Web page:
Murcian researchers achieve important advances in the fight against arthritis, alzheimer and diabetes

The ‘Nature Chemical Biology’ magazine, from the prestigious group Nature, published recently the results from the researchers from the Murcian Institution of Biosanitary Research of Arrixaca in collaboration with scientists from UCAM and the Hospital Clinic-IDIPBAS, that have discovered the action mechanism of the anti-inflammatory molecule that allows to develop new treatments against arthritis, alzheimer and diabetes

15 May 2019

The group BIO-HPC of the Catholic University of Murcia has participated in this investigation

 

The Molecular Inflammation group from the Murcian Institution of Biosanitary Research, Virgin of Arrixaca (IMIB-Arrizaca), in collaboration with the BIO-HPC group of the Catholic University of Murcia (UCAM) and the Immunology Department of the Hospital Clinic-IDIPBAS (Institute of Biomedical Investigations August Pi i Sunyer) from Barcelona, has managed to accomplish to characterise a molecules anti-inflammatory action that allows more efficient treatments against diseases related to chronic inflammation, such as rheumatoid arthritis, diabetes, alzheimer or parkinson’s disease, between other dominant pathologies of the occidental society.

UCAM investigators, Horacio Pérez and José Pedro Cerón, through computer simulation, have got to know which part of the molecule interacts with the protein, and reveals the mechanism through atomic resolution, for which they used a tool called Blind Docking (BD), designed by the group.

‘Nature Chemical Biology’ magazine, from the prestigious Nature group, published in the recent days the discovery of these researchers, lead by Dr. Pablo Pelegrín, Scientific Subdirector of IMIB, a position that has achieved to unveil the action mechanism of a composition, that was research without accomplishment since the 90’s.

To this day it wasn’t known that all these diseases share a group of proteins, called inflammasome, related to the process of chronic inflammation that produces the expansion of the pathologies mentioned. However, the exact mechanism that certain compositions have over the inflammasome was unknown, and therefore, it was difficult to evolution with new treatments against these diseases. This group of researchers have discovered the way in which the inflammatory reduction is produced in the interaction with a molecule called MCC950.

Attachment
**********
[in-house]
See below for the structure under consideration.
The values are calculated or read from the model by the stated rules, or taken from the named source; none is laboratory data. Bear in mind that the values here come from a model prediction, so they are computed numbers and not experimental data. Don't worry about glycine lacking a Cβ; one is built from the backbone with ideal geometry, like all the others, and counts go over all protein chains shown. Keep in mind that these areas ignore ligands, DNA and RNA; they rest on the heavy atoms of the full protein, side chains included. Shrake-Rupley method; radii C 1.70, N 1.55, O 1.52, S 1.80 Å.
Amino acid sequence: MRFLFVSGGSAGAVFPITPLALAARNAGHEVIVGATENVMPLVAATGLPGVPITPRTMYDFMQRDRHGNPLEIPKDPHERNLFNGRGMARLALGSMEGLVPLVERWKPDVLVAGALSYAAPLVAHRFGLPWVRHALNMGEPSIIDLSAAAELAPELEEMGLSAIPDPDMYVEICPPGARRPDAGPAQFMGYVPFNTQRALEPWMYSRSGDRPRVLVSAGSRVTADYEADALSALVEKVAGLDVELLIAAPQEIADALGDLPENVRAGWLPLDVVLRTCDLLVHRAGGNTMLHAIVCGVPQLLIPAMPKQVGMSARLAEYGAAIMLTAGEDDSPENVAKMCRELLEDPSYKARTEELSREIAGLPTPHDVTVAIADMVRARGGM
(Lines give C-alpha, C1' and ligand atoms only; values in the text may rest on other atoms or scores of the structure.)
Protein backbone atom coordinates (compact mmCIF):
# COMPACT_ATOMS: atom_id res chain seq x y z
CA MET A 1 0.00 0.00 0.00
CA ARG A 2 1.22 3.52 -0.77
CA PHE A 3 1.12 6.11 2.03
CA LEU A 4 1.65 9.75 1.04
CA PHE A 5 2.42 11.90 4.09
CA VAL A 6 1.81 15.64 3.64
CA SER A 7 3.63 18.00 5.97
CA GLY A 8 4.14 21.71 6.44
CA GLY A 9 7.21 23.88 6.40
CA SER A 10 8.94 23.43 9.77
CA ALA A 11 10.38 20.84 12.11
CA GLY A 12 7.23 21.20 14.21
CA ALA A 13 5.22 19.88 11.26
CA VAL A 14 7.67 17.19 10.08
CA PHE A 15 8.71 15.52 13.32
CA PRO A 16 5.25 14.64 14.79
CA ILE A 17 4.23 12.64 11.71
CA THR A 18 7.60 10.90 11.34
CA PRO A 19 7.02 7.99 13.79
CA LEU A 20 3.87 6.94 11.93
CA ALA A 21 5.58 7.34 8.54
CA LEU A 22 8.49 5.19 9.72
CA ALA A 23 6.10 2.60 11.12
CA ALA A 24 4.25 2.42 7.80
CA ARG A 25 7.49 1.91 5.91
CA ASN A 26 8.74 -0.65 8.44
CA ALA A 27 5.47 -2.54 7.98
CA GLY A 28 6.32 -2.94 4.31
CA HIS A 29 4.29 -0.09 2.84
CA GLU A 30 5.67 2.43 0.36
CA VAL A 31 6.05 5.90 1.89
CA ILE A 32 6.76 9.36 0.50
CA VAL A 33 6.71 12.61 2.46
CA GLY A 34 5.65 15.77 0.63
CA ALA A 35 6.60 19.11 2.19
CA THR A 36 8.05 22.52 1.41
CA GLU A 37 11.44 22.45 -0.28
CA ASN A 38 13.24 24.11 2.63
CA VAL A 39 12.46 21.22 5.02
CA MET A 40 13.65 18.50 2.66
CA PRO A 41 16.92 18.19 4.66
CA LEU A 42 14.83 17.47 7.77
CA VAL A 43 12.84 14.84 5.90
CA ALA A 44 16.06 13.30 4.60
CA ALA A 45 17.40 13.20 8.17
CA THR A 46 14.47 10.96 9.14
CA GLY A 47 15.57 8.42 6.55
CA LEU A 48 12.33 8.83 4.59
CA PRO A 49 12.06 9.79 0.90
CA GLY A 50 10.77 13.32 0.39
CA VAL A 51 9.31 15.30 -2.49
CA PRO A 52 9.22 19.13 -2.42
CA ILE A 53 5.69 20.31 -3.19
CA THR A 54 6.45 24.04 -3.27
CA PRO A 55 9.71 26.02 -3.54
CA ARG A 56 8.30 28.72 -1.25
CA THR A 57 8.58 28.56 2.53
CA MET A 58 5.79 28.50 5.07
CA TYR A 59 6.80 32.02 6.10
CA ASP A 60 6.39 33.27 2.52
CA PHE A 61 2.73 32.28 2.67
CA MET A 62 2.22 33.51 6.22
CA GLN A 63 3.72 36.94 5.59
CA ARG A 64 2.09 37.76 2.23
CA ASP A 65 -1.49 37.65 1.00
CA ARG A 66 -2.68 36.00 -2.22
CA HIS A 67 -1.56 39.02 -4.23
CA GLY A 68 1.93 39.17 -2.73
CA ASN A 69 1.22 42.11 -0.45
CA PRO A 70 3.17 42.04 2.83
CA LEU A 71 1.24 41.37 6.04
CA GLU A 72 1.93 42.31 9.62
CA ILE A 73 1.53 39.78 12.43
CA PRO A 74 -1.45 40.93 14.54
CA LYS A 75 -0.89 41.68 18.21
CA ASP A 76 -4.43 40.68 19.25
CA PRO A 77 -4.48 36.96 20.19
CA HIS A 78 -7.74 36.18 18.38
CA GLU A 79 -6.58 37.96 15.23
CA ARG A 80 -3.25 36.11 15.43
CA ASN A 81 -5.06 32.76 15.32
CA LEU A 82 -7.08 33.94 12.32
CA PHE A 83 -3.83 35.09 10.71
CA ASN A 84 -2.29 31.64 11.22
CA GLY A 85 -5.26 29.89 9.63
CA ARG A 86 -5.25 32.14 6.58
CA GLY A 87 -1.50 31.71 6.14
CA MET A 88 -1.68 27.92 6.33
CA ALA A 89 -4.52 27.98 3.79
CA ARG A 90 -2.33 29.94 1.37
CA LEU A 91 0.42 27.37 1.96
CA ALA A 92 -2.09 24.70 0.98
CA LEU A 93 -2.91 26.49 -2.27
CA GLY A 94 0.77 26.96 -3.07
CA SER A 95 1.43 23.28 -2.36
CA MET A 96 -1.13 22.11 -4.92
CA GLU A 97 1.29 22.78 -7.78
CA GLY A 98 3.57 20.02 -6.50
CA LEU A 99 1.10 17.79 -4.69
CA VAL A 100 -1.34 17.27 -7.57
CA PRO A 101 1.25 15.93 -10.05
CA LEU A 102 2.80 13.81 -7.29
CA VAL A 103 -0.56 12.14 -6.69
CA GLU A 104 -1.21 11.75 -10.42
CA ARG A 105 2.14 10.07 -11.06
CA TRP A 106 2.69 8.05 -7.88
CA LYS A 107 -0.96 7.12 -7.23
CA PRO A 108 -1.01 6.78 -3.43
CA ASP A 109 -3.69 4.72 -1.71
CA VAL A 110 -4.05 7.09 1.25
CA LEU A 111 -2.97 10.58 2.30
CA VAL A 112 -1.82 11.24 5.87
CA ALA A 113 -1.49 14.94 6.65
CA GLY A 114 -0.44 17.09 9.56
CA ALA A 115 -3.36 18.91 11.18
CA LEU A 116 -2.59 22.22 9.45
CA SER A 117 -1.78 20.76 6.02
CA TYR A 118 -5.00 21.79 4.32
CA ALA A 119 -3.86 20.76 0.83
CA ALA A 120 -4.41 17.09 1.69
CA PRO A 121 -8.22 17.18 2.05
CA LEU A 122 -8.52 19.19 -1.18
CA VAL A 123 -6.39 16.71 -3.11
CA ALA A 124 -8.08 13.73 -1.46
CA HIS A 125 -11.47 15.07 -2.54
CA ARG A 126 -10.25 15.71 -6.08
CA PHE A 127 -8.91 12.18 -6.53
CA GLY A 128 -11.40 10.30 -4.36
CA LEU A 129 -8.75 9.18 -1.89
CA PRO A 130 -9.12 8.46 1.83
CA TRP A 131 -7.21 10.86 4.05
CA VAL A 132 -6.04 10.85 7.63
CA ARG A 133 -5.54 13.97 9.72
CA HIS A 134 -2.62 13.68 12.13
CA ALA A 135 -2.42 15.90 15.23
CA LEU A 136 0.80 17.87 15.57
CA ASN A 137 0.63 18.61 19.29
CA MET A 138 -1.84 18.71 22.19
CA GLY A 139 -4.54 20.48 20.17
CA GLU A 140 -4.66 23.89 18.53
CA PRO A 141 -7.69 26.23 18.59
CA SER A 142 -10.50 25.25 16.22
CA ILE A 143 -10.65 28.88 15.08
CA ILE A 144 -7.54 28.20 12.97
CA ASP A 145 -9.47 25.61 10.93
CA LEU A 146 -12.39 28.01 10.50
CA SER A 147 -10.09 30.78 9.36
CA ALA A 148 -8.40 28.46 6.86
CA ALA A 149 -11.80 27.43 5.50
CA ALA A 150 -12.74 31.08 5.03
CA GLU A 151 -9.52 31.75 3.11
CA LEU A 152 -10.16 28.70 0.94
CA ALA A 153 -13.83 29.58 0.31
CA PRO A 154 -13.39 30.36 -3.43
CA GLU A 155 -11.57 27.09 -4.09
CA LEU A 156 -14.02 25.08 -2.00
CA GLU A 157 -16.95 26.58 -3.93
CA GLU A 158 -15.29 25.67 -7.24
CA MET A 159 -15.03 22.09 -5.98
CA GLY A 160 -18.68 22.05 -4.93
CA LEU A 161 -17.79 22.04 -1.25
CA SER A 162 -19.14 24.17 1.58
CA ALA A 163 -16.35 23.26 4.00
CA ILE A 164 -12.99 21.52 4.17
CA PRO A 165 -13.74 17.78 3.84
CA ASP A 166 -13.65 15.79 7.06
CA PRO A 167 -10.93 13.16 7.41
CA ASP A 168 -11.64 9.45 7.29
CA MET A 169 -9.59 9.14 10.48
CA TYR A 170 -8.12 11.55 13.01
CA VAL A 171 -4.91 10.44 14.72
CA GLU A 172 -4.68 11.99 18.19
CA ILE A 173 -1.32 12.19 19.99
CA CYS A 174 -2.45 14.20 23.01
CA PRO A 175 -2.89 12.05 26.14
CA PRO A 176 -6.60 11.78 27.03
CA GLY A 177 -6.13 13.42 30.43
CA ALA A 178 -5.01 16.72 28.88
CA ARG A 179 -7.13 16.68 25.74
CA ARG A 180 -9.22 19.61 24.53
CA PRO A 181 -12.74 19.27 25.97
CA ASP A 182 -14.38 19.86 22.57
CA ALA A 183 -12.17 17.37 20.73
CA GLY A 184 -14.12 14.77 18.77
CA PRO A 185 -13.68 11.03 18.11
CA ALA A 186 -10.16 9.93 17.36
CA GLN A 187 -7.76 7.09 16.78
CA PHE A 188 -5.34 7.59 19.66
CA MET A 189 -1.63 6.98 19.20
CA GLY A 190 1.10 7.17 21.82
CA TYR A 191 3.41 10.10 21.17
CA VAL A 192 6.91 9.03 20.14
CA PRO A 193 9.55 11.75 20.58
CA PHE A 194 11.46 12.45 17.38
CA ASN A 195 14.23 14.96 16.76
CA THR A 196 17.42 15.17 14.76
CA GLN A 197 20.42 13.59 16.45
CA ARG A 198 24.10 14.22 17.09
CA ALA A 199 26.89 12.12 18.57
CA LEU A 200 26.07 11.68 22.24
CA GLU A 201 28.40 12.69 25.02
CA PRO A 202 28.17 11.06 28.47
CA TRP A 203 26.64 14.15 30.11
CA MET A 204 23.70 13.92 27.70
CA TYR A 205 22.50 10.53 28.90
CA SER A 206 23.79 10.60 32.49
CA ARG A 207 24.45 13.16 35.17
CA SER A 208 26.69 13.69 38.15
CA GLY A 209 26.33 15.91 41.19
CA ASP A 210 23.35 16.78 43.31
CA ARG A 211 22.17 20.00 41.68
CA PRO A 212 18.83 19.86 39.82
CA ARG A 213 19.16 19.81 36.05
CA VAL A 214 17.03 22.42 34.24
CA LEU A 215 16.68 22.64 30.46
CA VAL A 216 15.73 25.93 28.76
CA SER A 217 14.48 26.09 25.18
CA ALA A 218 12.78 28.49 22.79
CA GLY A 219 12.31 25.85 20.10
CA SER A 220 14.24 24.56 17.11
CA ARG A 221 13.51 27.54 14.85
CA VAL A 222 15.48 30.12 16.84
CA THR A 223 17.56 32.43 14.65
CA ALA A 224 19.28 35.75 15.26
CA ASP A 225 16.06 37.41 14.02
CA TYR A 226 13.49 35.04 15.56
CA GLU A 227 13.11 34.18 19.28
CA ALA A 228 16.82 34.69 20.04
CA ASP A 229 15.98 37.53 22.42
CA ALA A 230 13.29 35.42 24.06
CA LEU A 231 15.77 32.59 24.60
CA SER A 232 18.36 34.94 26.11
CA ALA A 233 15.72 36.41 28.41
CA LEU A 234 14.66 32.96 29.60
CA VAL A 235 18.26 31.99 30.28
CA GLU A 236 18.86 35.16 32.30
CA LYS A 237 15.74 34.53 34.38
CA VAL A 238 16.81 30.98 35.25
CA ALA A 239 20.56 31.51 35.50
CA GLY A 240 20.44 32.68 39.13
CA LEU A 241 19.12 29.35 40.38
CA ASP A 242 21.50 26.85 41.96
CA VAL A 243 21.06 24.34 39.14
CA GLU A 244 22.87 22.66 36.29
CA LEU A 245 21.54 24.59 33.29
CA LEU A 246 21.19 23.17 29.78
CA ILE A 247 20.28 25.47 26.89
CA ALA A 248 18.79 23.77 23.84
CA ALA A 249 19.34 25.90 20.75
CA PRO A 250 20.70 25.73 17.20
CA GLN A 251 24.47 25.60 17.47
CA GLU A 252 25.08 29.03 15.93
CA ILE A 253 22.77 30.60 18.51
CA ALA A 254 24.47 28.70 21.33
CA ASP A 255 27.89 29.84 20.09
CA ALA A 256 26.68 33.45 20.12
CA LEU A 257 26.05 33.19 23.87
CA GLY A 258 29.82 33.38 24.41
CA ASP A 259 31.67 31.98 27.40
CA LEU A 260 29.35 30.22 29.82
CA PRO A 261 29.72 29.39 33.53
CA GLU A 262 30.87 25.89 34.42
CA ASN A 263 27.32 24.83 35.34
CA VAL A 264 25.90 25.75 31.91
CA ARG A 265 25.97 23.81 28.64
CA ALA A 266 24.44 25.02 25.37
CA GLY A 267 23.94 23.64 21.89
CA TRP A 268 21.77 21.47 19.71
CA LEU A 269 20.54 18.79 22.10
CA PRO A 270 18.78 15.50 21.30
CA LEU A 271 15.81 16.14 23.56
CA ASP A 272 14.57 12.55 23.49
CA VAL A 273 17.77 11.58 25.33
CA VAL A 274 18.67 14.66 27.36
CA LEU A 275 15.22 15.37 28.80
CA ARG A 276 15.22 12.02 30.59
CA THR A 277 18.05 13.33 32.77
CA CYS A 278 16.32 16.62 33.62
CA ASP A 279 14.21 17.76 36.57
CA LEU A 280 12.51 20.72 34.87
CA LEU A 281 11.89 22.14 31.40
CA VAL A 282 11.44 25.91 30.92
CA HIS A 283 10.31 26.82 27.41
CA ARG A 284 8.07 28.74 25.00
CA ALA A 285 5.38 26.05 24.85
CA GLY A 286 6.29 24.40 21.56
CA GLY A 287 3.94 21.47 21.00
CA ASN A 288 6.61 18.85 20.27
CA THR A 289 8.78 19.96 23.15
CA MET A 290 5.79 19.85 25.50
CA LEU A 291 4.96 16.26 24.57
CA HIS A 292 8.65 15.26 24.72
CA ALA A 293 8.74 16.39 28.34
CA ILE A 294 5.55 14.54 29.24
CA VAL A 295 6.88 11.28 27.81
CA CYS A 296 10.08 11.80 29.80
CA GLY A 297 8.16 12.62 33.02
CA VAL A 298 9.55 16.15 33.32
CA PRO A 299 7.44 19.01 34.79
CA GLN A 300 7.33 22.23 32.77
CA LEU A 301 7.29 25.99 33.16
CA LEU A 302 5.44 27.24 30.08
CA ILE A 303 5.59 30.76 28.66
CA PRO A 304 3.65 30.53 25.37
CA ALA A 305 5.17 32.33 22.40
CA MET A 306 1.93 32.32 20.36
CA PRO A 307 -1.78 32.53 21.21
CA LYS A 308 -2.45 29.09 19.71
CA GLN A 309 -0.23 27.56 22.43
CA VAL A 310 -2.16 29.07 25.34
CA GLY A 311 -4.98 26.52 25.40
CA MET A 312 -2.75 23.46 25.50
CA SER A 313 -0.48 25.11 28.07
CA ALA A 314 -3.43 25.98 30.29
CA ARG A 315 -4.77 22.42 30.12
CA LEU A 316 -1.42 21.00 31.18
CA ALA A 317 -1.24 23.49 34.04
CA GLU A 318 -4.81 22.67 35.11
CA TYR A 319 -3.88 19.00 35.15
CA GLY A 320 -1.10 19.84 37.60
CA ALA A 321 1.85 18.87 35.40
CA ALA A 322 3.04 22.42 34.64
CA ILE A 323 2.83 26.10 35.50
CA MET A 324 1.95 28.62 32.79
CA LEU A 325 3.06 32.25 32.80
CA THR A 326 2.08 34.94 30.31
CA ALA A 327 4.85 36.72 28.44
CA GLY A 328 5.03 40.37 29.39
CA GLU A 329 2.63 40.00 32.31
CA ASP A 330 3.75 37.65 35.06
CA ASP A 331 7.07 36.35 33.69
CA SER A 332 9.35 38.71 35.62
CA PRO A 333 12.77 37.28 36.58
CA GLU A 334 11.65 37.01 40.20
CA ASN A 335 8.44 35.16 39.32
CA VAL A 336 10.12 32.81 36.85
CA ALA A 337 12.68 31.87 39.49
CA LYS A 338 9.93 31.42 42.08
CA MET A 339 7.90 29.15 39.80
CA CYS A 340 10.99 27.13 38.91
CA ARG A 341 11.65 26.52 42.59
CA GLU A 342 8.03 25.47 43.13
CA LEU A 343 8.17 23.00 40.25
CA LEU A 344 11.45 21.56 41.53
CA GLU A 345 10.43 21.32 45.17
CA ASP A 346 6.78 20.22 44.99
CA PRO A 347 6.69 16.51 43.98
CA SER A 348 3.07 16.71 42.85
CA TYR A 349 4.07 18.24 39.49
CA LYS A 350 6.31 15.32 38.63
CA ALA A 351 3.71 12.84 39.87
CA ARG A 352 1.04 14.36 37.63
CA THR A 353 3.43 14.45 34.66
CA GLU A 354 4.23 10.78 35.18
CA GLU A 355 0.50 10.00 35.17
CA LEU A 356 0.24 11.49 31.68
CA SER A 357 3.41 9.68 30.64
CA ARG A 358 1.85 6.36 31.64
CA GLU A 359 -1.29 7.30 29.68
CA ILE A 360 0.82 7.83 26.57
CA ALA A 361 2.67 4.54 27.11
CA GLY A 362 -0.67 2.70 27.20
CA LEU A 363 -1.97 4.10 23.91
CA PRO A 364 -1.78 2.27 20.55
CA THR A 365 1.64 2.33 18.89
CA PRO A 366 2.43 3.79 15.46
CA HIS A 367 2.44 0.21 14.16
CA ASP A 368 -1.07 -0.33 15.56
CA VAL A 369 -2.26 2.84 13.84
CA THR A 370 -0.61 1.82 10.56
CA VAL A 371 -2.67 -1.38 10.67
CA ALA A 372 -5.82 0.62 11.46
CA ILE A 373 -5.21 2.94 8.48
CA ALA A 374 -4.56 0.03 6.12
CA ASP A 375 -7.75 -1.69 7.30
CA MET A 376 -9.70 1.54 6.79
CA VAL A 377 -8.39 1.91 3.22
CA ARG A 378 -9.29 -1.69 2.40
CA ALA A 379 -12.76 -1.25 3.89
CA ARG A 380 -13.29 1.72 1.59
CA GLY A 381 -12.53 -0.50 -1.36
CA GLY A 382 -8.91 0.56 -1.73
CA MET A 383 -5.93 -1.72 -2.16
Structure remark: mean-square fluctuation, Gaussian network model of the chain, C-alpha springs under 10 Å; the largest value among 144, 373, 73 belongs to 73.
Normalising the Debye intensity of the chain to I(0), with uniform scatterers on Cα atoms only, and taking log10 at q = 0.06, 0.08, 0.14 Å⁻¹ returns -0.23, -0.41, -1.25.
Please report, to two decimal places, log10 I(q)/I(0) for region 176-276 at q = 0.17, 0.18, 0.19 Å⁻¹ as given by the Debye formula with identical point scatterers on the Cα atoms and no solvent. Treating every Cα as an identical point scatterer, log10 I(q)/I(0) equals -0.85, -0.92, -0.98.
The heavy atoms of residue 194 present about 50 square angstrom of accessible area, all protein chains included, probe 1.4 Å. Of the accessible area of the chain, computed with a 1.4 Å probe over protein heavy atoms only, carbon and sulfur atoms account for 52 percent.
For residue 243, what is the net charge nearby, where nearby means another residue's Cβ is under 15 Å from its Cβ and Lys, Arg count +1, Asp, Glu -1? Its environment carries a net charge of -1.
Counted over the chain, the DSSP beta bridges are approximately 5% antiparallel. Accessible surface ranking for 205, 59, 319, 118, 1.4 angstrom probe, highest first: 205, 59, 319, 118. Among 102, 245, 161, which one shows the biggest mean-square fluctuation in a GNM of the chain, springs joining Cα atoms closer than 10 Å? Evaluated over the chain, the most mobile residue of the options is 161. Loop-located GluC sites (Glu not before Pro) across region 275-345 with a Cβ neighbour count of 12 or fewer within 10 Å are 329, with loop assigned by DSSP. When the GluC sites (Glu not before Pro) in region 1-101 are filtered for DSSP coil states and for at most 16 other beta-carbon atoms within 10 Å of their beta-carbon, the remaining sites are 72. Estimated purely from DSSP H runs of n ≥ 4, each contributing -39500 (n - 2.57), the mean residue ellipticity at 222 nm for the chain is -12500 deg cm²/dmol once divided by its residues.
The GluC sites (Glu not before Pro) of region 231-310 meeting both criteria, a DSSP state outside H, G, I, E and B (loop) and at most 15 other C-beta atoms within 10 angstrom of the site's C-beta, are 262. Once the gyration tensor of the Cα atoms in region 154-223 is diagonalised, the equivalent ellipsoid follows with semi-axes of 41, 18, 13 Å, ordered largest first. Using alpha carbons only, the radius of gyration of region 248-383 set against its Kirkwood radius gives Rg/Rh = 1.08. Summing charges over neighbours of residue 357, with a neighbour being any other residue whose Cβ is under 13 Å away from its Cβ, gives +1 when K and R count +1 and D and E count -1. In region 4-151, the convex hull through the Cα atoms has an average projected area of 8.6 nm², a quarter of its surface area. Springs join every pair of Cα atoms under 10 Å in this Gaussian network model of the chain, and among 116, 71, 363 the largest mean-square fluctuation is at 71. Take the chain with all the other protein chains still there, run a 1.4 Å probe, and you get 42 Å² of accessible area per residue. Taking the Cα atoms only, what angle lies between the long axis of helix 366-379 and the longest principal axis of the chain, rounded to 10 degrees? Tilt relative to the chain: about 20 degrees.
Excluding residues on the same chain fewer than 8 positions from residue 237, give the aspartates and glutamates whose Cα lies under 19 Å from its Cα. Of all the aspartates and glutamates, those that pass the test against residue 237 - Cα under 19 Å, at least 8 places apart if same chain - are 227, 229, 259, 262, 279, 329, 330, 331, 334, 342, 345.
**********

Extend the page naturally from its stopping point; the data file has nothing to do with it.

“We have identificated the action mechanism of this pharmaceutical, the molecule MCC950, created in the 90’s by the pharmaceutical industry Pfizer, that until now its molecular mechanism hadn’t been identified. Using very advanced molecular biology techniques, developed in our laboratory, we have been able to identify, for the first time, the action mechanism of this composition”, Dr. Pelegrín explained.

The significance of this discovery resides in the possibility to design new more efficient and less aggressive medication, that acts directly on the target of this protein with a reduced dosis. Pelegrín added, that “to understand how medication or molecules works is something essential for the clinical development of this composition. It’s going to be fundamental to the future to develop new therapies for the treatment of chronical anti-inflammatory diseases, like ulcerative colitis or rheumatoid arthritis. Or for the treatment of metabolic or degenerative disorders, like diabetes or alzheimer; all of these conditions do not have a definite treatment currently”.

Computerized simulation

Ana Tapia-Abellán, main investigator of the published article in ‘Nature Chemical Biology’ commented on the methodology used in the discovery, “in our laboratory of Molecular Inflammation of IMIB, we have developed a technique that helps us study, in real time and inside of the cells, how these proteins change their conformation. The effect of this medication is that it inhibits the proteins that provoke inflammation”.

This new technique has been able to develop thanks to the contribution of the UCAM researchers, Horacio Pérez and José Pedro Cerón, who have contributed with particular details through computerized simulation to understand, which part of the molecule interacts with the protein, and reveals the mechanism through atomic resolution. For this they used a tool called Blind Docking (BD), designed by the group to process in detail the most important interactions between medication in study and the proteins responsible for the development of disorders.

The action mechanism was validated by investigating the blood samples from patients who present mutations in the inflammasome and chronic inflammation, achieved thanks to Juan Ignacio Arostegui, from the Immunology Service of Hospital Clinic-IDIPBAS.